Three companies topped the $1 million mark in sales per employee in 2003, up from two in 2002. Overall, working behind the scenes to improve productivity, streamline operations, and ultimately boost profitability ratios were noted as 2004 goals for many of the firms on this year's PROSALES 100. Specifically, becoming more efficient, working smarter, and tapping more sales from existing customers are among the strategies the nation's top dealers currently are using to improve corporate performance.
To keep those sales numbers up and their reps motivated, the PROSALES 100 use a variety of different compensation packages. By far the most popular structure is percentage commission on gross margin, which is used by 54 percent of the group, an approach that meshes with the heavy emphasis the industry currently is placing on improving profitability and margins. Straight salary and commission on billed revenue were distant seconds in popularity at 23 percent, followed by percentage commission on collected revenue and gross margin at 22 percent.
When asked to rank the importance of growth within their organizations,82 percent of the PROSALES 100 respondents rated it important as either 4 or 5 on a 1-to-5 scale, with 5 being "very important" and 1 being "not important at all." Additionally, another 15 percent considered growth moderately important, ranking it a 3 on the scale.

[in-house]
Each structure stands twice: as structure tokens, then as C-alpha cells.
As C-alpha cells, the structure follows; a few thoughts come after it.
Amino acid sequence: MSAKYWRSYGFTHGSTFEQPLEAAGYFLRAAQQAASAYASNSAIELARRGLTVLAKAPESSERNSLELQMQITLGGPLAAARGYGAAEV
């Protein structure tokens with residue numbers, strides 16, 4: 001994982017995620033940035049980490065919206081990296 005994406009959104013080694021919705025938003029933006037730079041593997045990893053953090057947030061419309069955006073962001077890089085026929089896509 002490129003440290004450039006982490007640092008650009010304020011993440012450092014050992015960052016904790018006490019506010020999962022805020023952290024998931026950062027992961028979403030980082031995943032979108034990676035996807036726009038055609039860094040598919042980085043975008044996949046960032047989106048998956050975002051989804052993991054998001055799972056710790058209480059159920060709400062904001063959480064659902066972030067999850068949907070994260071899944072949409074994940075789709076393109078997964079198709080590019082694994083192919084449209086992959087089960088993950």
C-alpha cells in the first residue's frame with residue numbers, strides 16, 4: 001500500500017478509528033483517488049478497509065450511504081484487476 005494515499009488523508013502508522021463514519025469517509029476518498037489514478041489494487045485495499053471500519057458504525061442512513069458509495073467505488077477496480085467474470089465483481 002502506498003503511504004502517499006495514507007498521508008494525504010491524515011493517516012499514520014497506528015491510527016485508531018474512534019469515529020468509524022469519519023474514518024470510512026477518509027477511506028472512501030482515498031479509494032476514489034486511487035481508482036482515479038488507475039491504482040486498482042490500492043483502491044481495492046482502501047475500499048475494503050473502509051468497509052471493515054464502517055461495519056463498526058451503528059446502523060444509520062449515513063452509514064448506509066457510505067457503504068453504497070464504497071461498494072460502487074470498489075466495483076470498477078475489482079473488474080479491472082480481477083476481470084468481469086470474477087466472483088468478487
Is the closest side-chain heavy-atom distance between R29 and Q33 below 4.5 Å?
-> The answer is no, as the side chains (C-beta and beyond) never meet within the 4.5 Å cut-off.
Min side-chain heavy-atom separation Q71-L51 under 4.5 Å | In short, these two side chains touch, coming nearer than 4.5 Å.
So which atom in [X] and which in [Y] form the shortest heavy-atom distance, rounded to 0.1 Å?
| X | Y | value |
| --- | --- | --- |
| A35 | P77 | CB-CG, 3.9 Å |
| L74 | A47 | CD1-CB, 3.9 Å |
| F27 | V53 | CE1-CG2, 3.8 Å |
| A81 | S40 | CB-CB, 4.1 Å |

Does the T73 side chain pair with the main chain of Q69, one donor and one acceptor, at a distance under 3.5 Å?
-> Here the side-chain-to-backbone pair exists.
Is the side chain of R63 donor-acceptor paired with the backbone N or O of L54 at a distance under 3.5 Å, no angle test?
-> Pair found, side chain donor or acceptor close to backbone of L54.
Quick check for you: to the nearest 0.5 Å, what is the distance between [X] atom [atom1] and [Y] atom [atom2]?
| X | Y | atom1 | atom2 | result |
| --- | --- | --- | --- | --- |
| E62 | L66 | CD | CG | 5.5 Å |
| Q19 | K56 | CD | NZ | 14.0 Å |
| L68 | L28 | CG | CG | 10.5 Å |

How are the PROSALES 100 companies planning to expand their horizons in the next five years? According to this year's sur-vey,74 percent of the PROSALES 100 expect to expand within the same geographic region and 31 percent anticipate growth in another geographic region. An impressive 10 percent also plan to seek national growth.
This activity is taking place amid a relatively flat competitive environment, with 41 percent of the PROSALES 100 reporting that the number of competing companies in their geographic regions has remained constant. Only 8 percent report a rapid increase in the number of companies entering their turf, while an almost equal 24 percent and 26 percent, respectively, say that competition is slowly decreasing or slowly increasing.
PROSALES 100 dealers still are concerned with promoting their businesses; however, when asked about the significance they place on marketing, 52 percent said it was important, ranking it 4 or 5 on a 1-to-5 scale, with 5 being "very important" and 1 being "not important at all." Another 25 percent ranked it somewhat important at 3. Considered in combination with the current focus on expanding within established geographic regions, it indicates that the push to build business is backed, at least in part, by a desire to establish local loyalty.